Shah fled Iran
January 16, 1979 remains in the mind of the Iranian people as a golden day when the then despotic ruler of Iran, Muhammad Reza Shah Pahlavi fled the country, faced with nationwide demonstrations and opposition.
The then winter season seemed to have gown warm as the people saw themselves at last free from a 50-year spell of despotism started by the Pahlavi regime in Iran.
The feat was completed fourteen days later when Imam Ruhollah Mousavi Khomeini, the leader of the Islamic Revolution, returned home from 15 years of exile to lead the events to the eventual victory of the Islamic Revolution in the country.
Pahlavi wore crown in 1941 after British troops occupied Iran and forced his dictator father, whom they regarded as no longer fit to serve their colonial interests in Iran.
In the early 1950s, a national movement was commenced in a bid to nationalize oil industry in Iran which interests were largely monopolized by Britain. The movement was led by Ayatollah Kashani and Dr. Mohammad Mosaddeq. They could convince the Parliament to nationalize Britain’s extensive oil interests in Iran. Mohammad Reza, who maintained close relations with Britain and the United States, opposed the decision. Nevertheless, he was forced by the nationwide demands in 1951 to appoint Mosaddeq premier.
In August 1953, Muhammad Reza attempted to dismiss Mosaddeq, but the premier’s popular support was so great that the shah himself was forced out of Iran. A few days later, British and U.S. intelligence agents mongered a coup against Mosaddeq, and the shah returned to take power. This time, Shah turned dictator, holding a tight grip over power. He repealed Mosaddeq’s legislation and became a close Cold War ally of the United States in the Middle East.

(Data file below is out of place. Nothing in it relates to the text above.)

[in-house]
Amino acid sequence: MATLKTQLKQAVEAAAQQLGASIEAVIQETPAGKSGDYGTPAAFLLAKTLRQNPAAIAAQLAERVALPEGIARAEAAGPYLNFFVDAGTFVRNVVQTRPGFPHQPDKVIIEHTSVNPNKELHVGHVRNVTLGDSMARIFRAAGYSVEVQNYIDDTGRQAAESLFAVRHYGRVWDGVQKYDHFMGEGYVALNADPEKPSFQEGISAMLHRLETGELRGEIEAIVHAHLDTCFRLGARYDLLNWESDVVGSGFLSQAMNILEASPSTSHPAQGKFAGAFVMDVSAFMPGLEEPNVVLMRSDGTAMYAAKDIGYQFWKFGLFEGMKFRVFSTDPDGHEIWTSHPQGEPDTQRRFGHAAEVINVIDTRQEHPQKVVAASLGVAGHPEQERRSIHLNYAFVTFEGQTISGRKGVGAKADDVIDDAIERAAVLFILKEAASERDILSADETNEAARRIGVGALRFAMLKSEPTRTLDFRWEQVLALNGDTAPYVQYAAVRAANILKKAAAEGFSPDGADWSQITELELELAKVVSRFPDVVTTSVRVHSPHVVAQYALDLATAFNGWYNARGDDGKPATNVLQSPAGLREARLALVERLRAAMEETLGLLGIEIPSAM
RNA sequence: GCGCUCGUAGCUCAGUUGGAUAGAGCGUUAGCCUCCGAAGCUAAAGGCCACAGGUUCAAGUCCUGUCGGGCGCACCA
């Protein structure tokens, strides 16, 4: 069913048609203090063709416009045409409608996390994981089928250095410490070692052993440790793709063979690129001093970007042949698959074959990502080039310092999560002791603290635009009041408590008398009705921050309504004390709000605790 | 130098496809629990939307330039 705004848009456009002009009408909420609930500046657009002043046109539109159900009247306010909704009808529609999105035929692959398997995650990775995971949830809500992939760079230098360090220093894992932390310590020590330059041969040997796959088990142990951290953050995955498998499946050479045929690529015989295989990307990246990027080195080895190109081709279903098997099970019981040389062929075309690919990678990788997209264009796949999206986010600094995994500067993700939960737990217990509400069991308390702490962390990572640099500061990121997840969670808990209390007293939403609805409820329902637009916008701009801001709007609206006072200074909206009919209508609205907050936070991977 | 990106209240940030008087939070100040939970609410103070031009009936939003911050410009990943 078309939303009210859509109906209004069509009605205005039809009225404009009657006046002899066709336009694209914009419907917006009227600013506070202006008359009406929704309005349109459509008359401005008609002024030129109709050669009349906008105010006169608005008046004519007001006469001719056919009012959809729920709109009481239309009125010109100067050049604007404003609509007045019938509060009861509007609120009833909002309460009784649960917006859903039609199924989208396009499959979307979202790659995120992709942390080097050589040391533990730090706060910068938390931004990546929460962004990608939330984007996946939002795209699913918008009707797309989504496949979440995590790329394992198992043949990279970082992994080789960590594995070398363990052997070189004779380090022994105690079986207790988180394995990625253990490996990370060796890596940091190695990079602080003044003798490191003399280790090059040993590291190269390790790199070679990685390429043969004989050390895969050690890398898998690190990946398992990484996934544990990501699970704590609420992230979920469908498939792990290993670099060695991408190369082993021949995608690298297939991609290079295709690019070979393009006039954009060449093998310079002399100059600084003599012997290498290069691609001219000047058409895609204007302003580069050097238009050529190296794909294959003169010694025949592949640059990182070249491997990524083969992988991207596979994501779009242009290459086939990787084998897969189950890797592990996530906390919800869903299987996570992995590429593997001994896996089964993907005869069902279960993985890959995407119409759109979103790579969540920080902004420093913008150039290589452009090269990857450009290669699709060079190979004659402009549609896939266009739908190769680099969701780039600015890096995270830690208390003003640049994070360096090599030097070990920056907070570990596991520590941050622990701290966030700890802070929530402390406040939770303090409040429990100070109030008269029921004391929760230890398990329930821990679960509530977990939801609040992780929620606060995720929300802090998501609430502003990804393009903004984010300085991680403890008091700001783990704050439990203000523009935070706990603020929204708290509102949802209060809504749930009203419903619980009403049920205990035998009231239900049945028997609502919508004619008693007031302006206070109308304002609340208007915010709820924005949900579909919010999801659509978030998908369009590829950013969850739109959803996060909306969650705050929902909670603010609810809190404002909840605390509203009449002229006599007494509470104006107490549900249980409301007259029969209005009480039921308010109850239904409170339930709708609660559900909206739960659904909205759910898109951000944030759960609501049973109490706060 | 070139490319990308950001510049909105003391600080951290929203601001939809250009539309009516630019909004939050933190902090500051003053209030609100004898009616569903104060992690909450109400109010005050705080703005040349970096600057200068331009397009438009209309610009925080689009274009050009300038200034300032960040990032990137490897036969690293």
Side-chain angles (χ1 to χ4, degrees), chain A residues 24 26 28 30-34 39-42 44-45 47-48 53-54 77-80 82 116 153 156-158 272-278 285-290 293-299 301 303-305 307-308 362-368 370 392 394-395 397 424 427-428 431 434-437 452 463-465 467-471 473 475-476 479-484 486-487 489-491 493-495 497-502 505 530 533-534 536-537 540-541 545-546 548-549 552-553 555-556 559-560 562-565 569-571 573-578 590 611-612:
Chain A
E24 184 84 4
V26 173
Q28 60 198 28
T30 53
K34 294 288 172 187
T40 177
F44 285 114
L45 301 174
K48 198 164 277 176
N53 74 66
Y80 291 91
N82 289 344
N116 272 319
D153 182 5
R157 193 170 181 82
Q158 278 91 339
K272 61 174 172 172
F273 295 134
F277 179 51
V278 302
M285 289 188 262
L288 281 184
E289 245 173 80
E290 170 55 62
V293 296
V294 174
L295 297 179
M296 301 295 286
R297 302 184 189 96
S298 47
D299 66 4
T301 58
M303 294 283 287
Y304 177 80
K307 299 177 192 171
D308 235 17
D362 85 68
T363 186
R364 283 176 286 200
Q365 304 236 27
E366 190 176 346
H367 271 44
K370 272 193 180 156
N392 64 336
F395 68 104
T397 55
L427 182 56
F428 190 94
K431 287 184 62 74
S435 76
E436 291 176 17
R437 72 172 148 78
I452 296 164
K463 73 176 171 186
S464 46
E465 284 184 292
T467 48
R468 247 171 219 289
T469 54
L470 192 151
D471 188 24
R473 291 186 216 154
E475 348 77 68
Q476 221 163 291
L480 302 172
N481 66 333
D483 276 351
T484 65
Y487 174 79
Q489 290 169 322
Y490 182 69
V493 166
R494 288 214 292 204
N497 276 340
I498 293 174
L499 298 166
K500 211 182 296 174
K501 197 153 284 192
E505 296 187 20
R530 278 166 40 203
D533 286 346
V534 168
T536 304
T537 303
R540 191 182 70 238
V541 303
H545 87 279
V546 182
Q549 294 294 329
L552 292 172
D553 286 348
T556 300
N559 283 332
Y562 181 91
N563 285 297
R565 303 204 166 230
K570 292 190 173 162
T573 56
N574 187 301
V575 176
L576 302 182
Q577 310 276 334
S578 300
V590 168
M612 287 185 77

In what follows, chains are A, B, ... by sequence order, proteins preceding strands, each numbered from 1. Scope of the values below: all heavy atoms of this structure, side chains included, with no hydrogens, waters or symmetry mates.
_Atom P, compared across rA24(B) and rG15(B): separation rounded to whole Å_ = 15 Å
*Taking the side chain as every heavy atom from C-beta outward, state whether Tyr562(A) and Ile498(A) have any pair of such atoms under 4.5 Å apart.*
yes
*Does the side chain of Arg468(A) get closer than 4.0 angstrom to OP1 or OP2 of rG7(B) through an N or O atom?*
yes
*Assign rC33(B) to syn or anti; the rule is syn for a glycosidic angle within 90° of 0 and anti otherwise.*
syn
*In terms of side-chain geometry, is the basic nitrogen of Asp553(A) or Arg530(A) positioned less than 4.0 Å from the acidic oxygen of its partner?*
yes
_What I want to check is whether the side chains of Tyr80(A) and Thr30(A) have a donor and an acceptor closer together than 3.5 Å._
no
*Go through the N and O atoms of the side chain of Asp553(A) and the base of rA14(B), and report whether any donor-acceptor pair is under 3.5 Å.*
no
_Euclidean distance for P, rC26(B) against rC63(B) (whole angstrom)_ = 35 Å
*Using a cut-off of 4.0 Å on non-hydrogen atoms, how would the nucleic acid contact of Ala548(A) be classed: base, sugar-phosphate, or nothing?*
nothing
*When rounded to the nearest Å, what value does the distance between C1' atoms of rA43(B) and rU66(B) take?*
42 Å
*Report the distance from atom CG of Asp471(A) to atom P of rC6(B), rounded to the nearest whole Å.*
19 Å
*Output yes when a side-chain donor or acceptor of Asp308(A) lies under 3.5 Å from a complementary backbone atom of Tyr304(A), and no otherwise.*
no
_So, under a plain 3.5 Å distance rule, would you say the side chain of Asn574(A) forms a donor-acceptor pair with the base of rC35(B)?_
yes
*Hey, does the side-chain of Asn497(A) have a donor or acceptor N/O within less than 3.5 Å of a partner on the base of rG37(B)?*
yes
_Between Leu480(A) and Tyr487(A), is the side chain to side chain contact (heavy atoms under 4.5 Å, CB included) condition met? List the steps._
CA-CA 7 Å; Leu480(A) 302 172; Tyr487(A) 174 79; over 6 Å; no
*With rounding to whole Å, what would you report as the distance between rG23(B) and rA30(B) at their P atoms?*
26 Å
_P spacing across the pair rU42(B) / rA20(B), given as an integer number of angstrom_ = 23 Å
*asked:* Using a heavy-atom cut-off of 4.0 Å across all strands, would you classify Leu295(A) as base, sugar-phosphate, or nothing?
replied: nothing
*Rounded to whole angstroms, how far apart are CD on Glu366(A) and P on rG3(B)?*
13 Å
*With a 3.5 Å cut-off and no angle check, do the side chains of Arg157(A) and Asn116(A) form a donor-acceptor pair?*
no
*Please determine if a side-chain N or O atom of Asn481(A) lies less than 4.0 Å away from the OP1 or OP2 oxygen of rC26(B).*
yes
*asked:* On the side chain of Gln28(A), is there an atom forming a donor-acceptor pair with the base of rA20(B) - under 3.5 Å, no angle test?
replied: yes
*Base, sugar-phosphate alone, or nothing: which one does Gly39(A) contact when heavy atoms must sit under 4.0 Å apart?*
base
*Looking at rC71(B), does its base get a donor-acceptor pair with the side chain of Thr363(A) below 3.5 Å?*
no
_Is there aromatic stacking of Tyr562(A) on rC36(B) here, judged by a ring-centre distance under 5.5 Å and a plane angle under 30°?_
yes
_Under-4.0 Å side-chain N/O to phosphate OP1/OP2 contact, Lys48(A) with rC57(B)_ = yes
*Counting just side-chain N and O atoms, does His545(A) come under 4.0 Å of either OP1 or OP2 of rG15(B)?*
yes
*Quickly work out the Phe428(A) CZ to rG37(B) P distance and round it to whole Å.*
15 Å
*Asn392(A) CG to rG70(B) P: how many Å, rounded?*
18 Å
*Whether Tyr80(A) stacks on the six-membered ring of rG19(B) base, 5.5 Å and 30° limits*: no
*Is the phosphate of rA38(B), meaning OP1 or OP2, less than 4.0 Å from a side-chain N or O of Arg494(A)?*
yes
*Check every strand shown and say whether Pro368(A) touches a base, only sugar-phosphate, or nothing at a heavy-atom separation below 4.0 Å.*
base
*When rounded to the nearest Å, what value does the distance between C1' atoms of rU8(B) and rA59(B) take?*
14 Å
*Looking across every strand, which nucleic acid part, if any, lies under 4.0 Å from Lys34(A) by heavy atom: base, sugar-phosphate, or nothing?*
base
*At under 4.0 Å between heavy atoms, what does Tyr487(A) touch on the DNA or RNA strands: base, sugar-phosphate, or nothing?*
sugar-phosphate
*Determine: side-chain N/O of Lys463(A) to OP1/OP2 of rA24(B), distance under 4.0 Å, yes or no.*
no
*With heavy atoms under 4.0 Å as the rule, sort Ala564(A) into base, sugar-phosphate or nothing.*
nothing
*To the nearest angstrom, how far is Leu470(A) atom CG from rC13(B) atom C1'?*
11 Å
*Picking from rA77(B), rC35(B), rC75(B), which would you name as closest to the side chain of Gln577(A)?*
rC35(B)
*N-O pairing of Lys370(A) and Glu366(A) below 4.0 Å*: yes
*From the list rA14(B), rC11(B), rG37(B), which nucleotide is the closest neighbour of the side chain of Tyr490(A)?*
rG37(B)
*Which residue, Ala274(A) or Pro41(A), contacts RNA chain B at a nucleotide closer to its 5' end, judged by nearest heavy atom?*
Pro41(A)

In 1963, ordered by his master, the dictator launched a westernization scheme, dubbed "White Revolution" in a bid to implement US- and British demanded reforms which largely countered Islamic values. That was the time when Imam Khomeini started his opposition to the regime. In 1964, the dictator exiled Imam Khomeini. Nonetheless, the dictator could not stop the streaming flow of revolution.
The dictator continued his anti-religious plans, namely by replacing the Islamic calendar of Iran with a pre-Islamic one in 1976 after an extravagant celebration of what he called the 2,500th anniversary of the pre-Islamic monarchy in Iran.
Nationwide protests increasingly grew over his anti-Islamic moves and people came to streets to shout their anger and protests. The dictator however grew more repressive, using his brutal secret police force to suppress public opposition.
Discontent also grew among the poor and middle classes who saw that his western-ordered economic reforms dubbed White Revolution had only benefited the ruling elite.
In 1978, anti-shah demonstrations broke out in Iran’s major cities.
On September 8, 1978, the shah’s security force fired on a large group of demonstrators, murdering hundreds and wounding thousands. There were suspicions that the dictator had been ordered to annihilate the revolutionary movements through a bloodbath.
But the people never quit as they found Imam Khomeini as their savior. Demonstrations continued as did the regime’s repressions.
Faced with growing nationwide protests, the dictator fled the country on January 16, 1997 in the hope that he would come back like his previous flight. The dream however was never fulfilled. Following his flight, people took to streets to celebrate.
Shah traveled to several countries but none admitted him as they were facing the fury of a nation or were opposed with his repressive ruling. The dictator was finally sheltered by his master, the United States in October 1979. The dictator died two years later in Egypt.
The people, furious over the relentless interference of the United States in the domestic affairs of Iran, stormed the country’s embassy on November 4. The move, called by Imam Khomeini as a second revolution, led to the confiscation of many documents which revealed how the dictator had taken orders from America.
The documents were then published in several volumes, called documents of the Den of Espionage.
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